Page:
Each state has a title page with the shape of the state filled with a collage of thumbnail sketches of a few of the state’s iconic images. Behind each title page are a handful of full-page illustrations of different landmarks. For Texas, she included U-Drop Inn in Shamrock, Phillips 66 Gas Station in McLean, Devil’s Rope Museum in McLean, Britten Leaning Water Tower in Groom, and Cadillac Ranch.

With 32 years of doing architectural renderings under her belt, Kargus was the perfect candidate to create depictions of the Mother Road.

“It’s very detailed and realistic, but I kind of simplified my style I normally do for architect and made my drawings realistic and fun to color,” she said.

Kargus has yet to travel the entire route and relied on Google Maps images of each destination to get a realistic feel of the locations. She said she went “old school,” drawing each image first with pencil and eraser, then a final draft in pen on white paper before scanning it into a computer and submitting to the publisher.

Though Kargus calls her book a coloring book, she describes it more as a “book of drawings people can choose to color or not.” The book can be used as a coloring book, she said, or simply a fun book of black and white line drawings. Each page is perforated so users can color pages and tear them out to either share or frame.

It’s Kargus’ second coloring book for Reedy Press. Her first, “St. Louis Splendor: An Adult Coloring Book,” released September 2016, sold 3,000 copies in just seven weeks. The book was popular enough for Reedy Press to order a second printing of 5,000 copies. Kargus said that second printing is nearly sold out, too.

Reedy Press’ Lanna Demers said coloring books are a great way for adults to be creative without needing to be a fine artist. It seems many are attracted to the hobby, she said, because it’s a good way to unwind and destress.

Plus, it’s just fun.

“Adults get the chance to be creative and create a beautiful piece of art in an already drawn-out format,” she said. “It allows adults to be creative. It gives adults an artistic outlet. I think it is important to have a creative outlet, especially for those of us — like myself — who are not artistic. It allows you to create something beautiful, something you can be proud of.”

Kargus agrees that coloring books geared towards adults are a great way for adults to engage in the creative process in a non-intimidating way. The hobby is appropriate for any skill level, and colorers can make their images as simple or complicated as they’d like.

“In the past, most coloring books were very simple and really oriented — and simply drawn — for little kids. I’ve seen books based on Disney movies and ‘Game of Thrones,’ and they’re drawn beautifully,” Kargus said. “You can pick a book on any topic you’re already interested in, and you can just sit down and do it anywhere.”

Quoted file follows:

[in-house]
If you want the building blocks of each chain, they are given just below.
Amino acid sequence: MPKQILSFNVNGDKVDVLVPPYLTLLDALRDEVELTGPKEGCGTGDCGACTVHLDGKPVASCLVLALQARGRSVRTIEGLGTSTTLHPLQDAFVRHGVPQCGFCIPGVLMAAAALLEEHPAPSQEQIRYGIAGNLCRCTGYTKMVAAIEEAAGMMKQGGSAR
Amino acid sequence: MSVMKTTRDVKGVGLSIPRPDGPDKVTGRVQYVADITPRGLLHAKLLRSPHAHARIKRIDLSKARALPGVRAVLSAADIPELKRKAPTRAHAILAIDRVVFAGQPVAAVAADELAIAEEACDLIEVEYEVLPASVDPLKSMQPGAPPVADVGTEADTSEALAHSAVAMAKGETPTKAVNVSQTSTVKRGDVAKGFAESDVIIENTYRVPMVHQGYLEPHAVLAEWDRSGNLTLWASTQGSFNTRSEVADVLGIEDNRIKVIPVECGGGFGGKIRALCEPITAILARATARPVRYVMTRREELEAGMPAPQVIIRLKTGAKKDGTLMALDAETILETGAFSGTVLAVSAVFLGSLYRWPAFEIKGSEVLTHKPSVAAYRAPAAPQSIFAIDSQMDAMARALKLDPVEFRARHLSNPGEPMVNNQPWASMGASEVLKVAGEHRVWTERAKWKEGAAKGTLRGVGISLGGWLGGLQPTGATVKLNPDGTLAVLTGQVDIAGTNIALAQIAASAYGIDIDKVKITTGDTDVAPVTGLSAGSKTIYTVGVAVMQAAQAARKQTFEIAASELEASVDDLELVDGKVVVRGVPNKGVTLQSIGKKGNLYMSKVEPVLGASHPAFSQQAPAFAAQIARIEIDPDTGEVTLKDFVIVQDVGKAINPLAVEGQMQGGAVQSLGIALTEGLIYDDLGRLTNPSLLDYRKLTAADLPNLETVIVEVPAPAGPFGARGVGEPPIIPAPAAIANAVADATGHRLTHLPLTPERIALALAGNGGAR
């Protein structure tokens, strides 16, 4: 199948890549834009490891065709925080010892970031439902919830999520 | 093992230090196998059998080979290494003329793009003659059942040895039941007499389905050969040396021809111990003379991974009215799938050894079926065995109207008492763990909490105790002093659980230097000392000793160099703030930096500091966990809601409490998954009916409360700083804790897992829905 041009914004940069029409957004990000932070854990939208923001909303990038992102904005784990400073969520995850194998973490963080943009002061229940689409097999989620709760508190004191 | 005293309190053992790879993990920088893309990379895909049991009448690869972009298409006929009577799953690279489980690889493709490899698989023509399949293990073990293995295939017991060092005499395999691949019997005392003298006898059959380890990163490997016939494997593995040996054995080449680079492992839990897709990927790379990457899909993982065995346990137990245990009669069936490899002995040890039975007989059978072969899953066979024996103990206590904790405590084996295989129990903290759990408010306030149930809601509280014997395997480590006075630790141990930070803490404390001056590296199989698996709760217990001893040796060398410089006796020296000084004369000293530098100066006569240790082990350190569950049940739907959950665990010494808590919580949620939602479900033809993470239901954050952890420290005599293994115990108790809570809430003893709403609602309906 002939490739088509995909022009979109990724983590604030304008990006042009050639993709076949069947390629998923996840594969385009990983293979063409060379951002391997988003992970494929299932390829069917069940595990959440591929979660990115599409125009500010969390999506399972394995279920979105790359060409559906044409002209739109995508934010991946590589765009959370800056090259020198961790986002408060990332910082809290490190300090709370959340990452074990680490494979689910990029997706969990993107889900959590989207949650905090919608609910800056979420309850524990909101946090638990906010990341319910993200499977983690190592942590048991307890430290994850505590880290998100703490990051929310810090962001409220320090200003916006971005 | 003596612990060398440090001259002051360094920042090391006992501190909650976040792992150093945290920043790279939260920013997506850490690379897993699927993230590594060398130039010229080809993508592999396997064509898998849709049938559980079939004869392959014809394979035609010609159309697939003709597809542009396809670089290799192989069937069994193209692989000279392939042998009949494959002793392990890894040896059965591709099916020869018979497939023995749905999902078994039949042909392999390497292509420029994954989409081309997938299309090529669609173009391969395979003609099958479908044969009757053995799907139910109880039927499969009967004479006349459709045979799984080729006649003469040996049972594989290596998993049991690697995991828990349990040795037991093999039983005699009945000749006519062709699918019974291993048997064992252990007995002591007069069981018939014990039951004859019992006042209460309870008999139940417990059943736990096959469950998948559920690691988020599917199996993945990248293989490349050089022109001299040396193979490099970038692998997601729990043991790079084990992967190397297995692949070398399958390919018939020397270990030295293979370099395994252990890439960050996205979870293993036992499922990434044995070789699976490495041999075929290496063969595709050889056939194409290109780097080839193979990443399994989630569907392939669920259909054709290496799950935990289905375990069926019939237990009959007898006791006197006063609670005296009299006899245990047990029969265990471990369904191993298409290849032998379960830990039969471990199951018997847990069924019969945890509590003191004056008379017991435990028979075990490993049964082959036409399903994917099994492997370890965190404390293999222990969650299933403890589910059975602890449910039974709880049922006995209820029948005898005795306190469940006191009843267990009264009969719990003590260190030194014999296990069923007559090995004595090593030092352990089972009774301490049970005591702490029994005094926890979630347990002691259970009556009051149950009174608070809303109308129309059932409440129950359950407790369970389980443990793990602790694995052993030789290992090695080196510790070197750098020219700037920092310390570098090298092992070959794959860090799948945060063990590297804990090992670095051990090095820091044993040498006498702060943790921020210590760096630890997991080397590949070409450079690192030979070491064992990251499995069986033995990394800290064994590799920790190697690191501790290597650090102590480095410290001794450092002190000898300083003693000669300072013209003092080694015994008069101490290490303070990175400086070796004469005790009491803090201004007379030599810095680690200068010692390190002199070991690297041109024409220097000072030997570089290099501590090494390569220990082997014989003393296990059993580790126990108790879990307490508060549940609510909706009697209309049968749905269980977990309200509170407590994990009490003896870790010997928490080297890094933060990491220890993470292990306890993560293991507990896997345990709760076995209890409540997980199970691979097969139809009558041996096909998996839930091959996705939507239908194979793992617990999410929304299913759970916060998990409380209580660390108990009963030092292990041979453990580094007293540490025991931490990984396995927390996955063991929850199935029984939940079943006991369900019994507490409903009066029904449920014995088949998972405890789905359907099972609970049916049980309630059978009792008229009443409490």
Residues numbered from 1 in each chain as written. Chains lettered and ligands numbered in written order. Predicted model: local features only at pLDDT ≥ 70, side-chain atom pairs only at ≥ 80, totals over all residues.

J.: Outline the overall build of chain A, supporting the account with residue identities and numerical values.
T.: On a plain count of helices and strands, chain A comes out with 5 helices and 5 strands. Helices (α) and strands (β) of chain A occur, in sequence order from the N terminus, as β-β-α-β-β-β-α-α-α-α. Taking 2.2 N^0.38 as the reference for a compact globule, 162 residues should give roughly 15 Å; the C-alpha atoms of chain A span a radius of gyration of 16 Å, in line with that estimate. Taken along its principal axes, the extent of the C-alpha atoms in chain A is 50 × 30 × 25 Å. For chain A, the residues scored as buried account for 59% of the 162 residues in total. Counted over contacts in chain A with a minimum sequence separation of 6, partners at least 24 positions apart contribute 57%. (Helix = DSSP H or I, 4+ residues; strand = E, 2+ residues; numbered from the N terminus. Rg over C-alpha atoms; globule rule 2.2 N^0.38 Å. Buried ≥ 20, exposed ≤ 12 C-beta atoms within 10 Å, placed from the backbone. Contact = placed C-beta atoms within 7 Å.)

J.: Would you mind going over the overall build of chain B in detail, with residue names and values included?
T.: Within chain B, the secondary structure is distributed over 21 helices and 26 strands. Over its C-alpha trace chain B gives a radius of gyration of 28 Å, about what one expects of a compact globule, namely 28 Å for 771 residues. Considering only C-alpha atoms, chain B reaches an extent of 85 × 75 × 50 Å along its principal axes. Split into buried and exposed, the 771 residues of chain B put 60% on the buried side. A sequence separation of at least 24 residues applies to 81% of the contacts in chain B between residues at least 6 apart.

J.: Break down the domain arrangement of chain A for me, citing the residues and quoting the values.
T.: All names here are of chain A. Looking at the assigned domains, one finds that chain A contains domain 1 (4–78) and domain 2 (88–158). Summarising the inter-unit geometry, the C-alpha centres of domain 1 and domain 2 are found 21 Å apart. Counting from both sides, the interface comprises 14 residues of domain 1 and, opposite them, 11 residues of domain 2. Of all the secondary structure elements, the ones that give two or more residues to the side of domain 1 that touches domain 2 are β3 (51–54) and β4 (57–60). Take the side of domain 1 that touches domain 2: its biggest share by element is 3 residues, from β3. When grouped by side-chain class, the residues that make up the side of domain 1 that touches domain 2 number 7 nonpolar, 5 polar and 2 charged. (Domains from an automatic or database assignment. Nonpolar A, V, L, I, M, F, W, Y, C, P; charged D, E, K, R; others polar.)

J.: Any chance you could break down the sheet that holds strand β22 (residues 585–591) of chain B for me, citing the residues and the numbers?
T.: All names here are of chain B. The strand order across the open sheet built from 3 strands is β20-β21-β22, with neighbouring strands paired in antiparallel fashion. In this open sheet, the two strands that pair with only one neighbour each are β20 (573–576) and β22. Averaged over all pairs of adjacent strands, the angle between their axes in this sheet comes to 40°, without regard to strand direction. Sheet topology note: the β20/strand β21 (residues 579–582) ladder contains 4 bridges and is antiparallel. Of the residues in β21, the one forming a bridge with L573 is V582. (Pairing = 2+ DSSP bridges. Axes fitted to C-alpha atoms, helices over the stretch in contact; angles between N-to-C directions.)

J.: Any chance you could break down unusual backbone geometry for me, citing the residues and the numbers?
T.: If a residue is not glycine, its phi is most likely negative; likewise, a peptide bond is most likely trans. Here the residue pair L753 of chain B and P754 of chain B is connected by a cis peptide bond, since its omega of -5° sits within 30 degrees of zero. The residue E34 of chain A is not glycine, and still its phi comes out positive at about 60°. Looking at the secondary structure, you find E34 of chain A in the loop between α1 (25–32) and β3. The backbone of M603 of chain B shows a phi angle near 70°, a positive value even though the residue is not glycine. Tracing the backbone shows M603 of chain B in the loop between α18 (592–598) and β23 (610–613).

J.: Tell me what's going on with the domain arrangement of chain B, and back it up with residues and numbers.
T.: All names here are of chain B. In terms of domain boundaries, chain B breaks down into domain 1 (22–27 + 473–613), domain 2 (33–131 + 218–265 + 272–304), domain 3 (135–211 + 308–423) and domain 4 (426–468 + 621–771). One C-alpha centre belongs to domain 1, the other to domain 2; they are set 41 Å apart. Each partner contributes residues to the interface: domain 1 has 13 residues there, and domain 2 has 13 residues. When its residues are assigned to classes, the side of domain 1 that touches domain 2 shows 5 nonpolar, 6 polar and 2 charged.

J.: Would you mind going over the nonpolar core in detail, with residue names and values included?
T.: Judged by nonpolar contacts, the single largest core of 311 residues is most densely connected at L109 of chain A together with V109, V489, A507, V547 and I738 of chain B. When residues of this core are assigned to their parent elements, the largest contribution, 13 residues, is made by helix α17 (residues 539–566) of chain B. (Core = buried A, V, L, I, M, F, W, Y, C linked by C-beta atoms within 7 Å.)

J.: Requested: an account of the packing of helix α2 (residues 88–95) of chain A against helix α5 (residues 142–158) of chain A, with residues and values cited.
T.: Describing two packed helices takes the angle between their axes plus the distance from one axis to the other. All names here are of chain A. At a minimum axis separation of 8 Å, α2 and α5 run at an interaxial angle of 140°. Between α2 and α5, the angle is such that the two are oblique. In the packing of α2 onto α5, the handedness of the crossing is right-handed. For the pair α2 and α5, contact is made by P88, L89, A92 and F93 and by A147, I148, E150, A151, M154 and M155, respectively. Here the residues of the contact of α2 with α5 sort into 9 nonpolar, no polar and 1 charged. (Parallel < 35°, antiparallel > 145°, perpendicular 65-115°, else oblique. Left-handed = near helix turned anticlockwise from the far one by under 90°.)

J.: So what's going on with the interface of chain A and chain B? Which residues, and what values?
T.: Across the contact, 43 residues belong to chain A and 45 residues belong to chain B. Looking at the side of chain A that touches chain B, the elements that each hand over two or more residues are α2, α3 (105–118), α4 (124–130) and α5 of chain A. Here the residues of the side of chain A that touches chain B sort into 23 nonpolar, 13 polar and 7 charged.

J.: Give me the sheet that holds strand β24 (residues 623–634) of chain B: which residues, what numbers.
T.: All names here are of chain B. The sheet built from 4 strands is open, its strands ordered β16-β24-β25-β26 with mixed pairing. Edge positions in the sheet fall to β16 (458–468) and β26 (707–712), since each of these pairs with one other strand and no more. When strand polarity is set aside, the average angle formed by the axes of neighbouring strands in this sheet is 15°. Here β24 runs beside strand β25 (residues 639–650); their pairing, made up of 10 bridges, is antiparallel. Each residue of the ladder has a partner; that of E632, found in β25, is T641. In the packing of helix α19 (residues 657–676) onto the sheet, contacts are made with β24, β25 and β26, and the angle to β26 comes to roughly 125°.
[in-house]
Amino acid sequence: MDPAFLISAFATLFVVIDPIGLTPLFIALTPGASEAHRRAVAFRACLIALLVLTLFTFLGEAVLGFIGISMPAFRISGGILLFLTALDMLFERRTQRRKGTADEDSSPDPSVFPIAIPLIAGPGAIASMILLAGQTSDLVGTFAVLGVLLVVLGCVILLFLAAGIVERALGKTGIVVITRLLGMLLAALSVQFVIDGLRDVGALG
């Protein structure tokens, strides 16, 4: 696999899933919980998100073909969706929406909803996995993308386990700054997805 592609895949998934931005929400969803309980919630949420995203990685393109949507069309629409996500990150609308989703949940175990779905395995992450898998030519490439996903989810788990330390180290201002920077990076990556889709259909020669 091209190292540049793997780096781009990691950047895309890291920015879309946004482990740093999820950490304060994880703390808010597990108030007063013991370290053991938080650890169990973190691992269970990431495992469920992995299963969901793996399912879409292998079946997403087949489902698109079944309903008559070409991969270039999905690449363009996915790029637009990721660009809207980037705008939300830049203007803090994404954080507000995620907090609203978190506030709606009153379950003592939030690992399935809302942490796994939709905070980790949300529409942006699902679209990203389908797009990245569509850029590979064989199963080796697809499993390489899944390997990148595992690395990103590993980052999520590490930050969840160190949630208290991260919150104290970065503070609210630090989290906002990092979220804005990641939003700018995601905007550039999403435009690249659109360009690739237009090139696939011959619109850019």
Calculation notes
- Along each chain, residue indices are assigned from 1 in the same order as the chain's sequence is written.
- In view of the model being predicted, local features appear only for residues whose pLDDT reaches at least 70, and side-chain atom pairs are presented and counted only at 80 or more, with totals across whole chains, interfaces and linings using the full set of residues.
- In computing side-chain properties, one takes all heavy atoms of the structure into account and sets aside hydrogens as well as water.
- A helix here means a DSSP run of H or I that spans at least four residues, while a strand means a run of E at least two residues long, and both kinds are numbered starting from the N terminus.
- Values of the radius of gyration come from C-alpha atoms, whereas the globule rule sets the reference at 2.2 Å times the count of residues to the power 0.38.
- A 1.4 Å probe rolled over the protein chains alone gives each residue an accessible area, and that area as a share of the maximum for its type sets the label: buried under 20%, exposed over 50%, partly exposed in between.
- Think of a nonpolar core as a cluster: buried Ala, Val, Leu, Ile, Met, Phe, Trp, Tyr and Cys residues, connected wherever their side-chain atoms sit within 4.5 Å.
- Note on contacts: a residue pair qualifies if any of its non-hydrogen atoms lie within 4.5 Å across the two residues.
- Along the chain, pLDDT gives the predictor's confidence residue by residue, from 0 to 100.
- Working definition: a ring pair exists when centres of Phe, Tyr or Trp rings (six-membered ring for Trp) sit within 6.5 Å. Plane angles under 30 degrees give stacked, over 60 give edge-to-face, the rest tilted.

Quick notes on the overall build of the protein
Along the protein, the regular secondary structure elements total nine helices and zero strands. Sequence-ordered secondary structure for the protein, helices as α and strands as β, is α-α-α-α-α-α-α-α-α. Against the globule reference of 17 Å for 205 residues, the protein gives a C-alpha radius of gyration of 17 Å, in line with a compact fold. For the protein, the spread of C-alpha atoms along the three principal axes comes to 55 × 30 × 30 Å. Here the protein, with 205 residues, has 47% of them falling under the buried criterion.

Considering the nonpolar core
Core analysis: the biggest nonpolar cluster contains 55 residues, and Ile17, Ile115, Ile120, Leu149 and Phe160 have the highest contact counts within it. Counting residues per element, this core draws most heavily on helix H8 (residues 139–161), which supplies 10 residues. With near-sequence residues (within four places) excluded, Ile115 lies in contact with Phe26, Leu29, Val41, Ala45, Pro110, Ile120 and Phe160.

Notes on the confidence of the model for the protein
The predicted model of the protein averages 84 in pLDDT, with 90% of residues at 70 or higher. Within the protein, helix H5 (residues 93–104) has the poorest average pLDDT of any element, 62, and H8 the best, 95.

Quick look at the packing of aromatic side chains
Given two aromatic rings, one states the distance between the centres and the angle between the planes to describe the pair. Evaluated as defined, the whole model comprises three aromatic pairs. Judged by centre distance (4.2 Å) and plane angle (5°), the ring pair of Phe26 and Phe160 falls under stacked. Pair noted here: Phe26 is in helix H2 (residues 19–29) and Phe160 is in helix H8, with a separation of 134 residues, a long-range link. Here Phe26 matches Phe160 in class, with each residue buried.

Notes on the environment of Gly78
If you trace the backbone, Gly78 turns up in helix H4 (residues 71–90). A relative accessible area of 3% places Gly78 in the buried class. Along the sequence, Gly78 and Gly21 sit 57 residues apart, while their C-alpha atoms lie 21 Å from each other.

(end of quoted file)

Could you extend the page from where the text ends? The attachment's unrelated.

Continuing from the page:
The adult coloring book trend also has created another venue for artists to make and sell work, Kargus said, as well as an affordable way for consumers to support artists.

Kargus said her ultimate hope is someone would bring her Route 66 coloring book along with them on the route, coloring the images as they visit the real-life destinations and take their own pictures.

“I look at adult coloring books as black and white drawings and then I think how would I color it? But it’s art in and of itself,” she said.

Kargus is currently working on a third coloring book — with a theme she won’t yet disclose — and hopes to someday create a second Route 66-themed book using the imagery that didn’t make it into her first book.

“Listen, I’m all ready to draw another one,” she said, laughing. “This is what I love to do. I love being able to make a living as an artist. This is a good fit for my skills.”

Article source:

Penthouse CEO Kelly Holland wants to revive the legendary adult entertainment brand

The gig: Kelly Holland is the chief executive and majority shareholder of Chatsworth-based Penthouse Global Media, the adult entertainment brand founded in 1965 by Bob Guccione. She acquired the company last year from parent company Friend Finder Networks after a long period of financial difficulty for Penthouse.

Holland now oversees all the company’s operations, including its cable and satellite channels, which reach more than 100 countries, as well as its iconic magazine that is famous for its nude female models, known as Penthouse Pets.

Catholic school girl: Growing up in the Dallas area, Holland attended a Catholic convent school and quickly found her rebellious streak. “I didn’t understand why Mary had to be a virgin,” she recalled.

Her single mother struggled to make ends meet and she didn’t know her father. “I had no role models growing up, so I had to make up my position in life,” she said.

Emmy Chat: Why Minnie Drivers so committed to her 'Speechless' family

Caption Emmy Chat: Why Minnie Driver’s so committed to her ‘Speechless’ family